In the afternoon, there was another panel debate, this time on the role of science and technology in increasing agricultural productivity. The panel consisted of Nina Fedorofff of Pennsylvania State University, Thomas Lumpkin of CIMMYT and Howard Shapiro of Mars Inc who discussed how technology can help increase crop yields by 1.5% over the next 40 years to feed mankind adequately. “Science does hold the solution” said Fedoroff, “but the question is whether we use it”.

China– the world’s most populous nation and the second largest economy – has become heavily dependent on food imports from countries such as the US, Brazil and Argentina to help meet the consumption demands of its newly-rich citizens. Despite this, China has enough arable land and water to feed its projected population of 1.34 billion in 2050, even with current available technologies. Jikun Huang of the Chinese Academy of Sciences talked us through how China’s agriculture trading patterns are evolving as its agricultural sector modernizes and becomes more productive, urging that “China will be 99% self-sufficient for food by 2020”.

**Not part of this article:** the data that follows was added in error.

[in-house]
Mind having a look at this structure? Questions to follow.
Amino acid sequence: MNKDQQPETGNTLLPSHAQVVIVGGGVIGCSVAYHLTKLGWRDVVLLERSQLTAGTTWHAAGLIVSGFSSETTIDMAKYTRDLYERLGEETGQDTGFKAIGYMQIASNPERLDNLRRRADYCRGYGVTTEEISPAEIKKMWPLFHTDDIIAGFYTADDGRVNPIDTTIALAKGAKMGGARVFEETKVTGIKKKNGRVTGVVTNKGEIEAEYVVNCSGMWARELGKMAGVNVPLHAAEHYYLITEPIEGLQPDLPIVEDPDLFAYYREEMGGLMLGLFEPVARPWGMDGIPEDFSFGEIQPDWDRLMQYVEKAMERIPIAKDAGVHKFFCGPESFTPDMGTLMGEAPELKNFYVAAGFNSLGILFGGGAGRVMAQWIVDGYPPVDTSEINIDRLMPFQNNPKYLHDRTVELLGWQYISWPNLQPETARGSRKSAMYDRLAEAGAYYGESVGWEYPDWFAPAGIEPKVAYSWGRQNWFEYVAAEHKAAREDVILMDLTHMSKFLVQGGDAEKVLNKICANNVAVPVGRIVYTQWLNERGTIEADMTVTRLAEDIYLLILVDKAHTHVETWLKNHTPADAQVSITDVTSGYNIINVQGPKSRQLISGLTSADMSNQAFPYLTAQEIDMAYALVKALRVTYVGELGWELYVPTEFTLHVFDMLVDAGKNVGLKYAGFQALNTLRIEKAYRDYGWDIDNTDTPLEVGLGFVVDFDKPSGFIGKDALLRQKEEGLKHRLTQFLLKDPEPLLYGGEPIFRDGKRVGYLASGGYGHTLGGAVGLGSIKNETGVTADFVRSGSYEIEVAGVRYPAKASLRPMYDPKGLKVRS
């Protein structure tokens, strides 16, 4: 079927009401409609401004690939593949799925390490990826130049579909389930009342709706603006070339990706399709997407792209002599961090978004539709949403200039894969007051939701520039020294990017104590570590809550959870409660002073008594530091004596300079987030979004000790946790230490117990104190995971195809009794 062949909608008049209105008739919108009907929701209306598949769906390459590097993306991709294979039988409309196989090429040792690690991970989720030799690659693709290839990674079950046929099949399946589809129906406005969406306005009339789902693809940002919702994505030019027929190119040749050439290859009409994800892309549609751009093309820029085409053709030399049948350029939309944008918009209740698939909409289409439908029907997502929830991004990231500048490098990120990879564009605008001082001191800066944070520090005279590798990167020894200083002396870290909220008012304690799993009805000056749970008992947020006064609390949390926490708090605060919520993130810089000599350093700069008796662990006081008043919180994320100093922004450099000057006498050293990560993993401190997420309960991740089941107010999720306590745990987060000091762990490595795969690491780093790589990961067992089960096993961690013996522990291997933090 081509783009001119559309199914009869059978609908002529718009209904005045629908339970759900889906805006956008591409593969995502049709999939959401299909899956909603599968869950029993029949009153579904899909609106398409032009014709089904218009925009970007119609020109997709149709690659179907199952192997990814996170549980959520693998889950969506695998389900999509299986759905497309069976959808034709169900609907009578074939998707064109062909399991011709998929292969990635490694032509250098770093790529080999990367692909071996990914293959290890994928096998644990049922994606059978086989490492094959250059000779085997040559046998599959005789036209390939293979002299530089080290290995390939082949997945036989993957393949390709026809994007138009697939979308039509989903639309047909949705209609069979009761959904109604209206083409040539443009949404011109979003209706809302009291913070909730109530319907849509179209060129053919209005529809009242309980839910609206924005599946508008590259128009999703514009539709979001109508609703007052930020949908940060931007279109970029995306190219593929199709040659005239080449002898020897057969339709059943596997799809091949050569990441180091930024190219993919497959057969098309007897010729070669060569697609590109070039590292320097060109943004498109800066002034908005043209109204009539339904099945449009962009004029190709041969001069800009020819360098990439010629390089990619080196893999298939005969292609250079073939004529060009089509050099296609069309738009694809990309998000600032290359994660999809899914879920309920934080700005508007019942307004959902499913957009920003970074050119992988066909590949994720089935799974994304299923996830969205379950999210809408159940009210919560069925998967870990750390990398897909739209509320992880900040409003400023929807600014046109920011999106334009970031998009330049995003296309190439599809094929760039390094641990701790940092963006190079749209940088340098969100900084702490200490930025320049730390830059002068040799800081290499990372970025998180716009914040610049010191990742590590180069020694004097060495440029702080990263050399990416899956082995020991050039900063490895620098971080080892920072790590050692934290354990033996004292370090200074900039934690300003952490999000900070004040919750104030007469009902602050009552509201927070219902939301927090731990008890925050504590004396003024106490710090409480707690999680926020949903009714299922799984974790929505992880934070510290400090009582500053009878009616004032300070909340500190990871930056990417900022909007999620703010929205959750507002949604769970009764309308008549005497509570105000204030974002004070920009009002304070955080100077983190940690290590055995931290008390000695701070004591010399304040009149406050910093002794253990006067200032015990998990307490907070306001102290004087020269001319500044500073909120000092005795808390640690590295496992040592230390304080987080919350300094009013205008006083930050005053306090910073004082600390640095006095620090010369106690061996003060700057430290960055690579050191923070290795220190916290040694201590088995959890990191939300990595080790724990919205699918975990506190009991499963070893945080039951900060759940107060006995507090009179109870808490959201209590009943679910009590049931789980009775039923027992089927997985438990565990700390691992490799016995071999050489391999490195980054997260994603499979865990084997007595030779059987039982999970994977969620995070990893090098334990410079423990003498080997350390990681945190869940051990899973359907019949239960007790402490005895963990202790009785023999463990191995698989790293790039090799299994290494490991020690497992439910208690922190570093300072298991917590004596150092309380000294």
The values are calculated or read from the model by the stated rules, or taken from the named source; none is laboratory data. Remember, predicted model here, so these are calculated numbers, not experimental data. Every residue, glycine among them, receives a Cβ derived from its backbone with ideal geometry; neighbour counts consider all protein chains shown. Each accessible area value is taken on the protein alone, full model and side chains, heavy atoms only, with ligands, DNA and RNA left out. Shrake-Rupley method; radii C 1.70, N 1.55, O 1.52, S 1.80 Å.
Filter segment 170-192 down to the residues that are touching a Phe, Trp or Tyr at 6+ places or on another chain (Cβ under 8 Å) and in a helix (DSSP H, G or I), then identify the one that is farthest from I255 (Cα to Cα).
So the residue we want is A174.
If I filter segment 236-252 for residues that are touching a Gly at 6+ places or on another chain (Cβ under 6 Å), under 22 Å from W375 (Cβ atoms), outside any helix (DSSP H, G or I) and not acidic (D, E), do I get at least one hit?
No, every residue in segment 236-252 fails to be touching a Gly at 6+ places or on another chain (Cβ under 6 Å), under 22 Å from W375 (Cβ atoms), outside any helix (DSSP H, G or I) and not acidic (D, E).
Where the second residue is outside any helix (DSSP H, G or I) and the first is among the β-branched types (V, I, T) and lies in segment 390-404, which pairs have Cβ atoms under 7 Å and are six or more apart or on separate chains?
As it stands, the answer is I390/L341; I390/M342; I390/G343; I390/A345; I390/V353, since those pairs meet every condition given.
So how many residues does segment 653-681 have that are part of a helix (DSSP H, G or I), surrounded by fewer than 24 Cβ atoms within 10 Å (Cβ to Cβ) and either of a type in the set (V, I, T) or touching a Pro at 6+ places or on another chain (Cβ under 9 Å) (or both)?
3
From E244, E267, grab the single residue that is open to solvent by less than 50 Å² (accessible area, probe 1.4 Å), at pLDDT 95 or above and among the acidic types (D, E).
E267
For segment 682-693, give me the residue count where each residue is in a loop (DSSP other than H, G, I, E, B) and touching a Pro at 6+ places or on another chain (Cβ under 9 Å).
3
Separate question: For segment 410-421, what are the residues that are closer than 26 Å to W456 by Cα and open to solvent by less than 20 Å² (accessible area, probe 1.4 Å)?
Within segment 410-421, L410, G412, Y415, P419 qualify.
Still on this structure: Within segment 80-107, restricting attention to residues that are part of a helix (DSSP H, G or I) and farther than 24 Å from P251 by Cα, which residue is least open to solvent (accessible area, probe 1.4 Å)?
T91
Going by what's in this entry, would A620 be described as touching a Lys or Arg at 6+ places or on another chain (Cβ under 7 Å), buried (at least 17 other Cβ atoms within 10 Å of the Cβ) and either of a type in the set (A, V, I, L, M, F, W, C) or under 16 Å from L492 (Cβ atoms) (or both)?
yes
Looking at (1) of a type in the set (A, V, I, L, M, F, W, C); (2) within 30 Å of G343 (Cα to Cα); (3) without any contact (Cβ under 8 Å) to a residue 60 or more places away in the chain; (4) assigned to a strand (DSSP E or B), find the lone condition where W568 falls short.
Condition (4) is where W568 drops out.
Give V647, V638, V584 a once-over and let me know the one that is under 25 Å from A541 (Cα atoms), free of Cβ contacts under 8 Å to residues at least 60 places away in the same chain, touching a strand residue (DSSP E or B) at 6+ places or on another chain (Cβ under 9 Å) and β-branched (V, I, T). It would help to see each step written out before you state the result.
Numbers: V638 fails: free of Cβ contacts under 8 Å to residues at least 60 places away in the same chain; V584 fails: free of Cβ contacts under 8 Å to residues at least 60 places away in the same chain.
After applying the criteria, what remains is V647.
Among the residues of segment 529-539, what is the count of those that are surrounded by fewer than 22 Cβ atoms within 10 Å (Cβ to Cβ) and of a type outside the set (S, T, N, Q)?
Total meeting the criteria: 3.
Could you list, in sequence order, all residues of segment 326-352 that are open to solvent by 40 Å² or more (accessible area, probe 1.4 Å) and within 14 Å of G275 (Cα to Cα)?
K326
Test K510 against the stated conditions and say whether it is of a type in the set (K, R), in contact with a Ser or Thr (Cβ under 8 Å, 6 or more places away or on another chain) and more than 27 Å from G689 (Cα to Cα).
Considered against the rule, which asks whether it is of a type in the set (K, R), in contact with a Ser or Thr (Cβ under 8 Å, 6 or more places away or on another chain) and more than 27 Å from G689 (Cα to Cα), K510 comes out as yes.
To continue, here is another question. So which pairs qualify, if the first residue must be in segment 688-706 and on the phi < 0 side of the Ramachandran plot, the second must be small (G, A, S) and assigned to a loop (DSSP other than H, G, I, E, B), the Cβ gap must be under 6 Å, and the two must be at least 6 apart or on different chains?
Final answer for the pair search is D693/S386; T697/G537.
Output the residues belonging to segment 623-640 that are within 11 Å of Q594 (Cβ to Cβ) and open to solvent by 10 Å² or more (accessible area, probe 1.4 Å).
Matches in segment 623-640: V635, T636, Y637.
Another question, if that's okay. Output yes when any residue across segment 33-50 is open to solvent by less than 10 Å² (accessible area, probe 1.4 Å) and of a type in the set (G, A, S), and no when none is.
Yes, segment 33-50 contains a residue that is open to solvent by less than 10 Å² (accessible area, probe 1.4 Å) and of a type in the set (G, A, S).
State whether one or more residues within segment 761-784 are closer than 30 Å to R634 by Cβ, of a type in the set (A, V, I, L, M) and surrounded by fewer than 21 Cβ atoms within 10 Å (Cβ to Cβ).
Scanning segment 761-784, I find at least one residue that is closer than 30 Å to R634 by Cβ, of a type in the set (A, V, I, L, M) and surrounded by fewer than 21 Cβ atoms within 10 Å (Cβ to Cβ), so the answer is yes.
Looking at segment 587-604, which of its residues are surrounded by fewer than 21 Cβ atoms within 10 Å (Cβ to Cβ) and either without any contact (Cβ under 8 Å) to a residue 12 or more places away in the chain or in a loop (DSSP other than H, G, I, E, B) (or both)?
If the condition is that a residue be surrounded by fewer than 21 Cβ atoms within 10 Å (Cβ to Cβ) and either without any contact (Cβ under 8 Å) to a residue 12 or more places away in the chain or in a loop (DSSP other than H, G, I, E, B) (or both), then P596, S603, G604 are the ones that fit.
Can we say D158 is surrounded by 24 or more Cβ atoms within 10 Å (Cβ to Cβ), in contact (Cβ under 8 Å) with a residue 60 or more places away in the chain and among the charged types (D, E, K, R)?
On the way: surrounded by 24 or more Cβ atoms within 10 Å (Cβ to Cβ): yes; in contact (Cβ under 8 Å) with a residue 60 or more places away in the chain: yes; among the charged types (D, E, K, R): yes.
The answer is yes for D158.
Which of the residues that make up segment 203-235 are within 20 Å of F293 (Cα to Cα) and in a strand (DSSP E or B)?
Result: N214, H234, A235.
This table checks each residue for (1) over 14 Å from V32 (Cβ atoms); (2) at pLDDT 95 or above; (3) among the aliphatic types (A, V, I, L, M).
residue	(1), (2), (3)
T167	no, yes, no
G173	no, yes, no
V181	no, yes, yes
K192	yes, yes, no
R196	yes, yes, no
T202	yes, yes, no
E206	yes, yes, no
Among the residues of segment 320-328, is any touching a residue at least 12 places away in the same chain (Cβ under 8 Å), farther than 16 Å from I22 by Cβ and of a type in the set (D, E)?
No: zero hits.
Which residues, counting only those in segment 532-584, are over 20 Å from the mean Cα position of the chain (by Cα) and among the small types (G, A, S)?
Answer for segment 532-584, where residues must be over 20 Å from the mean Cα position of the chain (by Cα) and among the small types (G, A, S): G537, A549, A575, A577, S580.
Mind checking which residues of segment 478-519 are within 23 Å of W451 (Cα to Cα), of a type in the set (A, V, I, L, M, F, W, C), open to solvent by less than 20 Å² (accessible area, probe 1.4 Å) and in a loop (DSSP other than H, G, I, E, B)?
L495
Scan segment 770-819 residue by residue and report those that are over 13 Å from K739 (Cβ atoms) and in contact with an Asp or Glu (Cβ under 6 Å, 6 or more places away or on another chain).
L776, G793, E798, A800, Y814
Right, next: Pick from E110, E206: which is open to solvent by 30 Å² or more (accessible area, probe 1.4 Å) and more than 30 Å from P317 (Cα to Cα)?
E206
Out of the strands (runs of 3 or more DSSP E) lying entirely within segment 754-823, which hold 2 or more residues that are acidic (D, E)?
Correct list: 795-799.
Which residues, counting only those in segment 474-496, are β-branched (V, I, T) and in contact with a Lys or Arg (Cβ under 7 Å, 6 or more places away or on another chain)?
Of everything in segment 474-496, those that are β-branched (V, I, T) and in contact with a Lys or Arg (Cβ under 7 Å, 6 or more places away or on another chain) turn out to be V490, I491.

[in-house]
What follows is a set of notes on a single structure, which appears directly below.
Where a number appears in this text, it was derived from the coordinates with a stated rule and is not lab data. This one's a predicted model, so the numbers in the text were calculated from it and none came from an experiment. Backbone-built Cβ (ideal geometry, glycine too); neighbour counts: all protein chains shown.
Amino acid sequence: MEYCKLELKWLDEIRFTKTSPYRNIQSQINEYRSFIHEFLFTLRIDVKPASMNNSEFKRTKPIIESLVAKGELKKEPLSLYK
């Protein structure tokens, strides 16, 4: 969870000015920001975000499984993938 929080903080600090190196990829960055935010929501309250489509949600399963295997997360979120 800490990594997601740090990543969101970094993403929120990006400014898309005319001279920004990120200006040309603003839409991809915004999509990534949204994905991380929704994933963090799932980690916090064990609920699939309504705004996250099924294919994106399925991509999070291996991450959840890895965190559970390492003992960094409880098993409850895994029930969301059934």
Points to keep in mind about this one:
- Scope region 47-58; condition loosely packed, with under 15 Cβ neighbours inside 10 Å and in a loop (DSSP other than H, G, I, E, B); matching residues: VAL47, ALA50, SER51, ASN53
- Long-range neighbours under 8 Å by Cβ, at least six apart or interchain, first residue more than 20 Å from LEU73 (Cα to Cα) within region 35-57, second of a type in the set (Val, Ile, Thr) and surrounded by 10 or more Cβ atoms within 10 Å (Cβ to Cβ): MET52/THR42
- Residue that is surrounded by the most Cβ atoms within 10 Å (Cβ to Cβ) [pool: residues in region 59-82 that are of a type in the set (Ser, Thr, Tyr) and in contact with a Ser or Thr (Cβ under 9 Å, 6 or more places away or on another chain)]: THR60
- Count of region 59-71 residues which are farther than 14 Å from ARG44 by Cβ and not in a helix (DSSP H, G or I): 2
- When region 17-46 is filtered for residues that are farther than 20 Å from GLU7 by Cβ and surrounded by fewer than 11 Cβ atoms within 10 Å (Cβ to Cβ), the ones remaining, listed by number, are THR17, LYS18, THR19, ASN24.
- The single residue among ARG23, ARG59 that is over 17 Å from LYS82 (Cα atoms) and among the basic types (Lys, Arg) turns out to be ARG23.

During the “Feeding the World” summit, Farming First filmed a number of interviews with speakers, including Jim Borel of DuPont, Nina Fedoroff of Pennsylvania State University and KavitaPrakash Mani of Syngenta. Video highlights can be seen on The Economist Conference website and longer versions of the interviews will soon be available on Farming First TV.